An immune-related condition that affects the mouth.
Feline stomatitis refers to the severe inflammation within the mouth and is thought to be an exaggerated immune response to plaque. This results in the cat becoming allergic to its own teeth and the development of widespread inflammation within the mouth.
Cats with stomatitis will show signs of:
On oral examination that may have:
The current treatment of choice is the removal of the affected teeth. Your veterinarian may perform radiographs to help determine which teeth will require extraction. In severe cases, all teeth may require extraction. By removing the affected teeth, the cat's immune system no longer forms a reaction in the mouth and the pain and inflammation cease. Within a short time after the procedure, the cat heals very quickly and will start eating better than before. The good news is that domesticated cats don't require teeth to lead a happy and healthy life.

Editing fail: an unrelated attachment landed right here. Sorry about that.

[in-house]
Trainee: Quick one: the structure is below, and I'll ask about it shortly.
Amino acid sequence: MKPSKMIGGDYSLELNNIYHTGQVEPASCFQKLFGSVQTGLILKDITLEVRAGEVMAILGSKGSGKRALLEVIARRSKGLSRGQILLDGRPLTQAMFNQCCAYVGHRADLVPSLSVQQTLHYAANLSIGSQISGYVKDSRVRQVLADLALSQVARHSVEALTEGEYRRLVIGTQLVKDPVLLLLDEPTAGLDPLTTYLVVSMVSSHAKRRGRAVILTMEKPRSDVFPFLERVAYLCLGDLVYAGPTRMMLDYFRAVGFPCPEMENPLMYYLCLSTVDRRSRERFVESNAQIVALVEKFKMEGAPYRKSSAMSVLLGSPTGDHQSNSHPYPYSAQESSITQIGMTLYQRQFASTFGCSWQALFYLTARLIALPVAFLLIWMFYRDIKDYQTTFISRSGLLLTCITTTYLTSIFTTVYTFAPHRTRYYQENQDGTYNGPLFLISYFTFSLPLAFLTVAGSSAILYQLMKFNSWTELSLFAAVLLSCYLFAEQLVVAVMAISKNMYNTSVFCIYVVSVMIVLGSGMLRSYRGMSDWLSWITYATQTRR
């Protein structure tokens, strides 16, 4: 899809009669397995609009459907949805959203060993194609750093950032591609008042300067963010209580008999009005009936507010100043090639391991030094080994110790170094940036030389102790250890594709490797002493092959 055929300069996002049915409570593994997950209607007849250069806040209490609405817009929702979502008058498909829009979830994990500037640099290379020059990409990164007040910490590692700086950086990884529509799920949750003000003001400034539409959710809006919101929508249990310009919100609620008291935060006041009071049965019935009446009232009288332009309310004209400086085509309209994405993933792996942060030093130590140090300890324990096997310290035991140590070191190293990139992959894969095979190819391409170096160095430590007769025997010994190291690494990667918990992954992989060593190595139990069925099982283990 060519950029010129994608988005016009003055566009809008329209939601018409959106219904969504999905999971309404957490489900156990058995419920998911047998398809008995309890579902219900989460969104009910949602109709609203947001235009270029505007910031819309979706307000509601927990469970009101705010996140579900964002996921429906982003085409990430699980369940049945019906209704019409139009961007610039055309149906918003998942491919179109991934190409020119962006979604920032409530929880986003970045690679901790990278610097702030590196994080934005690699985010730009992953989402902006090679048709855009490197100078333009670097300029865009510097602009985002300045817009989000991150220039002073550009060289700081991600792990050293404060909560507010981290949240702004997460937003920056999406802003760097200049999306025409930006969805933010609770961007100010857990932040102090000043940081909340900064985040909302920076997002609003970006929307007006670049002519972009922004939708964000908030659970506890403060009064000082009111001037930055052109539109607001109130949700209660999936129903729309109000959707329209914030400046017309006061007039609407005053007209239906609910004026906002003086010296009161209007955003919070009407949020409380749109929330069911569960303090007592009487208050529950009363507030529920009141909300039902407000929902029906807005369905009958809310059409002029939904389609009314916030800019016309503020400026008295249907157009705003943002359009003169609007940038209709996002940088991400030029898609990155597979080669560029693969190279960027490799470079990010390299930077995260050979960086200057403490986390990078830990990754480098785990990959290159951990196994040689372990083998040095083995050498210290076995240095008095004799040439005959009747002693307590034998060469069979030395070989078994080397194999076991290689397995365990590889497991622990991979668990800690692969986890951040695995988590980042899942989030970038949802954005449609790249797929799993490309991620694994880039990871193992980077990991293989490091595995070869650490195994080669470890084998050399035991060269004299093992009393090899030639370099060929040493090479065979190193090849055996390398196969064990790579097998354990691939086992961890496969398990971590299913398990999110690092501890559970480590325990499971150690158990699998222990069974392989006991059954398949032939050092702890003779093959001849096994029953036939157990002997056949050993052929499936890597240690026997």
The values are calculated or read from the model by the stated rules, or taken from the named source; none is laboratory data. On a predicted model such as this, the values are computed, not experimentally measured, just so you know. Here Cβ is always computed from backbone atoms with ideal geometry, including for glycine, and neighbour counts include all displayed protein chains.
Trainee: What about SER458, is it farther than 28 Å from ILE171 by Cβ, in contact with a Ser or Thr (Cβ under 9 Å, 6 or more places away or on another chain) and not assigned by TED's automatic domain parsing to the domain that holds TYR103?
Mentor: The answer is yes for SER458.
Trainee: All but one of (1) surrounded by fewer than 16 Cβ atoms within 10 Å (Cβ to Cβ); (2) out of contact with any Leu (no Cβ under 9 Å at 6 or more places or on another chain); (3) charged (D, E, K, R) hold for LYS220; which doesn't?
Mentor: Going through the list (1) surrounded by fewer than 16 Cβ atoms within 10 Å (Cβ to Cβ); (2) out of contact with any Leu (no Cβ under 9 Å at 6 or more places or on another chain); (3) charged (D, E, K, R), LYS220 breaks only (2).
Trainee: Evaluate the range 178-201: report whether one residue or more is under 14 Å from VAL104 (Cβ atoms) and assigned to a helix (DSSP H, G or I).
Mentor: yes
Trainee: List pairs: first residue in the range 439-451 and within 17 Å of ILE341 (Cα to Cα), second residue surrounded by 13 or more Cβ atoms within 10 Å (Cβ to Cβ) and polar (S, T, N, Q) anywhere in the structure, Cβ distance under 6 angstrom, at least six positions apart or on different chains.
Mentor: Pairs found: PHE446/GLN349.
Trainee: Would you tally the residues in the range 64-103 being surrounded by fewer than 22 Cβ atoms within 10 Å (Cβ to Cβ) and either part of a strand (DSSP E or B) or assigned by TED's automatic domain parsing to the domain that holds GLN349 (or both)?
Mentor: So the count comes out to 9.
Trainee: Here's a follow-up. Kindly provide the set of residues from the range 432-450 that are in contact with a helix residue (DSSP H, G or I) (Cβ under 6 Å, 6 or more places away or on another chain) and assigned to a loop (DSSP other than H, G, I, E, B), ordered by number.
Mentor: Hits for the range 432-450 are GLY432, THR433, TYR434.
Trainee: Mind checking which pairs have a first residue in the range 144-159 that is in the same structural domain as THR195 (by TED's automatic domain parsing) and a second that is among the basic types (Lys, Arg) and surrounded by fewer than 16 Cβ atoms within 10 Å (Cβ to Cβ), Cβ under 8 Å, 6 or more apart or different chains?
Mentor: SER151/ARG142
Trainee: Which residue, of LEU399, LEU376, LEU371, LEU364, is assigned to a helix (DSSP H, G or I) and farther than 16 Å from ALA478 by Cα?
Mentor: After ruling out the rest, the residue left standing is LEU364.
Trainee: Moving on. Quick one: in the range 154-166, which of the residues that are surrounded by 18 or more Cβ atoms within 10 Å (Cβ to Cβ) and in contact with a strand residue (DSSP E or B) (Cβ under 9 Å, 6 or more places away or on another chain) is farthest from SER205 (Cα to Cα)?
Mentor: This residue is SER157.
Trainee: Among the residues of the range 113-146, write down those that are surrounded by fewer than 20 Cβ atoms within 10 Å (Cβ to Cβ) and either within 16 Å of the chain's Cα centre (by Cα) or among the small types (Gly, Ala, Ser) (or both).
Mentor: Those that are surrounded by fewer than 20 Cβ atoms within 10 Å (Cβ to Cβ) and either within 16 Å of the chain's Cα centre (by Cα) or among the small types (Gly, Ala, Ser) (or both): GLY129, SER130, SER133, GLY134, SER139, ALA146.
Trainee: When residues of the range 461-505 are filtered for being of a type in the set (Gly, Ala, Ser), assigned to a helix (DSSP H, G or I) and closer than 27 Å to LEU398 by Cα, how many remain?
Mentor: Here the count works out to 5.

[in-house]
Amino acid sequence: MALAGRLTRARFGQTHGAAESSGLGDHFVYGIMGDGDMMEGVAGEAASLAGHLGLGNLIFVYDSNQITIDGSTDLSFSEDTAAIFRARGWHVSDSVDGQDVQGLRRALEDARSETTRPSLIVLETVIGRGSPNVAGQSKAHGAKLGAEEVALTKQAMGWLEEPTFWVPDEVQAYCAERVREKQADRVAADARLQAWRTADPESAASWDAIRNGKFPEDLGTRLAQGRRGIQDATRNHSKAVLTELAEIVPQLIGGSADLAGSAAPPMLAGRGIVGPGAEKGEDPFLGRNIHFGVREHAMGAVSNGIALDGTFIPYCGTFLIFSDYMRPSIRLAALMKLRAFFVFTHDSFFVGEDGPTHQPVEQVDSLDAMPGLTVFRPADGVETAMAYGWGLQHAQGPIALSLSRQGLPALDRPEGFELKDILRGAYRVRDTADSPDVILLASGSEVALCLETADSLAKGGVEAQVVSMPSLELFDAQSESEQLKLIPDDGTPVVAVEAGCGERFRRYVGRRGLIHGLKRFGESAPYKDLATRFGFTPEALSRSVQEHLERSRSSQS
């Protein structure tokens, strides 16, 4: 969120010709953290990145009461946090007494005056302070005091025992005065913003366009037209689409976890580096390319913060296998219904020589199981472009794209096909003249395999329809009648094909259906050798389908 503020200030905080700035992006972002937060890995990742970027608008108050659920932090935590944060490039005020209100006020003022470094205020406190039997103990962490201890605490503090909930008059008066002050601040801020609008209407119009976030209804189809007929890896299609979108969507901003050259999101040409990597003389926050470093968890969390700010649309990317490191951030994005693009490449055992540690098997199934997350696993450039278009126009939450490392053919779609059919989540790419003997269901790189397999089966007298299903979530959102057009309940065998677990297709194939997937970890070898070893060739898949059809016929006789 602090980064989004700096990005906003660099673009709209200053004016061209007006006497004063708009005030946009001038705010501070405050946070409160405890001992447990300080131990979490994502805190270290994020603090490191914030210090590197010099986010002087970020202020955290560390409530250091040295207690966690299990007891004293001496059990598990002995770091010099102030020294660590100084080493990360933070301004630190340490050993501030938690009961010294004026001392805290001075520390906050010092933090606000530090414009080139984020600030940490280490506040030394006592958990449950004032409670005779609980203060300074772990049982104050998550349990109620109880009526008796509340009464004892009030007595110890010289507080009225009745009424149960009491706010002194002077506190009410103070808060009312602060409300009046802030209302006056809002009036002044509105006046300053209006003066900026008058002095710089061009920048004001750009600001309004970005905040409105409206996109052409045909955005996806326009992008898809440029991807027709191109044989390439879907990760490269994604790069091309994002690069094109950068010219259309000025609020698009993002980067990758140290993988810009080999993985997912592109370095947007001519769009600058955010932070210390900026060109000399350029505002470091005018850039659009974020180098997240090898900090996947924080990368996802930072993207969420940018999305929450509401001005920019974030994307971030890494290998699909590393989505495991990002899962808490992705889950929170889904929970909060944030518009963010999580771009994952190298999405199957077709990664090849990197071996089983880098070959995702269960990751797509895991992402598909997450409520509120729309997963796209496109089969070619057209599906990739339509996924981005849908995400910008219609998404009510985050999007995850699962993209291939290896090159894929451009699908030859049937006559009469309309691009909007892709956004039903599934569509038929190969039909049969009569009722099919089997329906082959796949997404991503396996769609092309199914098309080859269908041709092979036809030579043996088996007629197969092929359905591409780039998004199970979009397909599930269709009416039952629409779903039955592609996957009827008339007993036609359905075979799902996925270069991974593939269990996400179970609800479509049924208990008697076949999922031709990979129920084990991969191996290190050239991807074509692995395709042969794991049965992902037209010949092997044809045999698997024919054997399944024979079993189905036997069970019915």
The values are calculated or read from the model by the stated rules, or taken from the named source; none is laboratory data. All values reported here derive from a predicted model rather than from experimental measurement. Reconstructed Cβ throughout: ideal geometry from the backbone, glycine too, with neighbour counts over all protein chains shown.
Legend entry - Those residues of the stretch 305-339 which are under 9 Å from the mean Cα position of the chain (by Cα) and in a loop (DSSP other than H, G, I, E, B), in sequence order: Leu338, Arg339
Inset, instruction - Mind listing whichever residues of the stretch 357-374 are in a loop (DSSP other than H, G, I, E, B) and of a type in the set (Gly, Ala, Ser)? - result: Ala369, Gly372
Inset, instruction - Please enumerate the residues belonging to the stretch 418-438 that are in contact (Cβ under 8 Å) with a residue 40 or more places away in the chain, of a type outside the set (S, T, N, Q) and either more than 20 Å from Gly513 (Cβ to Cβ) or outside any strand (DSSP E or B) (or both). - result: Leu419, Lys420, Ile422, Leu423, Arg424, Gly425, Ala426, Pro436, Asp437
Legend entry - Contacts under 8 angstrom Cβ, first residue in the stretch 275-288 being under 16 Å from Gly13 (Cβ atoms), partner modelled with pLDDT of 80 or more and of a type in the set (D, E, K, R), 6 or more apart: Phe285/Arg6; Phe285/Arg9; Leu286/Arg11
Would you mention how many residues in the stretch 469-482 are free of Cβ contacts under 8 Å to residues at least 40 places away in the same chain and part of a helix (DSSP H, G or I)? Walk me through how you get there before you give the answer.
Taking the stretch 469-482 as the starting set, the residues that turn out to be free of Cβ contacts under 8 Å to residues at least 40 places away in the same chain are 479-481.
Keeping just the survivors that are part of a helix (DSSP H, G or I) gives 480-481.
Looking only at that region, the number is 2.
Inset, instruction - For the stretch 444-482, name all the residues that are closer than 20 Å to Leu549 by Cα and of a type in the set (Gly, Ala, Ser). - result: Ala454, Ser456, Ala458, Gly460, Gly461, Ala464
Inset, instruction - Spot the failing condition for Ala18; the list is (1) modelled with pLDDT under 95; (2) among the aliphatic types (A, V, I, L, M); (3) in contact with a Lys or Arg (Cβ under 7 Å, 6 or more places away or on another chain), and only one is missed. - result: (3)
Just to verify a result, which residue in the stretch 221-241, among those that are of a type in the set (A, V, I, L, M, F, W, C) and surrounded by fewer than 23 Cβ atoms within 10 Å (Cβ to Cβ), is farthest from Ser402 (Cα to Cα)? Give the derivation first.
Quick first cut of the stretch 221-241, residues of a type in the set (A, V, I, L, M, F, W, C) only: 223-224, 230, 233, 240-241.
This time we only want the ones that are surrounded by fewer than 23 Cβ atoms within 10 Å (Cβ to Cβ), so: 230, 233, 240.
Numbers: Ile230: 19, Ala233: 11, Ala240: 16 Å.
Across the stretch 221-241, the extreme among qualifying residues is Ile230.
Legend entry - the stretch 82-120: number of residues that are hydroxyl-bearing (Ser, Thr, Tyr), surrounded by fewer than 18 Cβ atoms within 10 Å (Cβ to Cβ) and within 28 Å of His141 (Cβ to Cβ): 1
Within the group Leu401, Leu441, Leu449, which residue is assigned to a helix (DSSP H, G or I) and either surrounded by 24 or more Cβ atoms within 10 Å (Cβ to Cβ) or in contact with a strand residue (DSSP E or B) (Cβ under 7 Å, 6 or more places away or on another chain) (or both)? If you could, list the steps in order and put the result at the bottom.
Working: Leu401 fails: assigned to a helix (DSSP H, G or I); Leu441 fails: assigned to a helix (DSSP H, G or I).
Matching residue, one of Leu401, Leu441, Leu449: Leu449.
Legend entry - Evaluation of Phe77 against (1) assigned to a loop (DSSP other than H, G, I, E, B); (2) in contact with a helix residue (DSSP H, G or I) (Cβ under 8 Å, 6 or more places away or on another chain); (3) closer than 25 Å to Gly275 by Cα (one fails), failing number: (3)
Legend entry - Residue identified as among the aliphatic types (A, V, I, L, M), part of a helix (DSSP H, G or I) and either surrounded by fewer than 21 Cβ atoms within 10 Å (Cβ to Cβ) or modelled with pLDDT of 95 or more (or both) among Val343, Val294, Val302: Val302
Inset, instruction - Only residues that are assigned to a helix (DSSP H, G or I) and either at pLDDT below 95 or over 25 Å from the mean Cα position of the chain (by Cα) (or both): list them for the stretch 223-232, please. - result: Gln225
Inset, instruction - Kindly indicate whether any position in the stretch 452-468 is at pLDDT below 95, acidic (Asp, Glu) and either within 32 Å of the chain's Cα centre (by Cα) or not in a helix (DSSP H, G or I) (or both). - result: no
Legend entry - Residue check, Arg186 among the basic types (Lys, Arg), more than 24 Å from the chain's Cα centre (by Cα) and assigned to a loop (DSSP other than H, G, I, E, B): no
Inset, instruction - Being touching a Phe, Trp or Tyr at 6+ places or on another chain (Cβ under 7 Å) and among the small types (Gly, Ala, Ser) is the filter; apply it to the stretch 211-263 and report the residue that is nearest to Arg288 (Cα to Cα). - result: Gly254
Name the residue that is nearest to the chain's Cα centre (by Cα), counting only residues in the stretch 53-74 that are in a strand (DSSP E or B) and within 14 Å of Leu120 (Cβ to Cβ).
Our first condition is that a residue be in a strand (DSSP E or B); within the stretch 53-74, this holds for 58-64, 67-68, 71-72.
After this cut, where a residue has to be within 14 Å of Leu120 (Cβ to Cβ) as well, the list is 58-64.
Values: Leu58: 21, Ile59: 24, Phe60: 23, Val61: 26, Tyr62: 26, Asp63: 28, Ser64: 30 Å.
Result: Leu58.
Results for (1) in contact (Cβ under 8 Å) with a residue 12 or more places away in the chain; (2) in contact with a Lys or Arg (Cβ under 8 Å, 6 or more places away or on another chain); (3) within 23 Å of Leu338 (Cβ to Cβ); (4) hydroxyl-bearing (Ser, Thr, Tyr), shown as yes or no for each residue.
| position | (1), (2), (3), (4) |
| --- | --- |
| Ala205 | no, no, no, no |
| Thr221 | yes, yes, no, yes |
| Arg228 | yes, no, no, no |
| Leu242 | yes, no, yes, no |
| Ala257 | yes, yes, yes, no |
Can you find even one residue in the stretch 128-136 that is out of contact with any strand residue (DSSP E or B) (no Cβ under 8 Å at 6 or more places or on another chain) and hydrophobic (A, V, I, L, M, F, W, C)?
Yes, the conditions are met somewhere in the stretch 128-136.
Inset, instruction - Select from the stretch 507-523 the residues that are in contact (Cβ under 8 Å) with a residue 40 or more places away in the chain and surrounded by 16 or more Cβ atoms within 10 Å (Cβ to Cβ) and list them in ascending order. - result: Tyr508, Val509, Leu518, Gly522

Unfortunately, treatment options such as teeth cleaning, polishing, fluoride, corticosteroids, gold therapy, antibiotics, lasers, and daily brushing have been tried in the past only to offer temporary help. Often these cats remain in pain.
It is important to note that although the removal of the affected teeth often resolves the stomatitis in most cases, some cats will require additional medication and therapy to help reduce the pain and inflammation.
For cats that cannot undergo surgery, medical management may consist of:
Thorough oral hygiene is essential in preventing further problems, even after surgery. This may include teeth brushing and other oral hygiene products.
In 60-95% of the cases, cats will do well after the removal of all their teeth and not require any further medication.
Only in rare cases will the inflammation and pain continue after a full mouth extraction. In these cases, cyclosporine, feline interferon, or stem cell therapy may help long term.
Niemiec BA. How I treat stomatitis in cats. WSAVA proceedings 2018.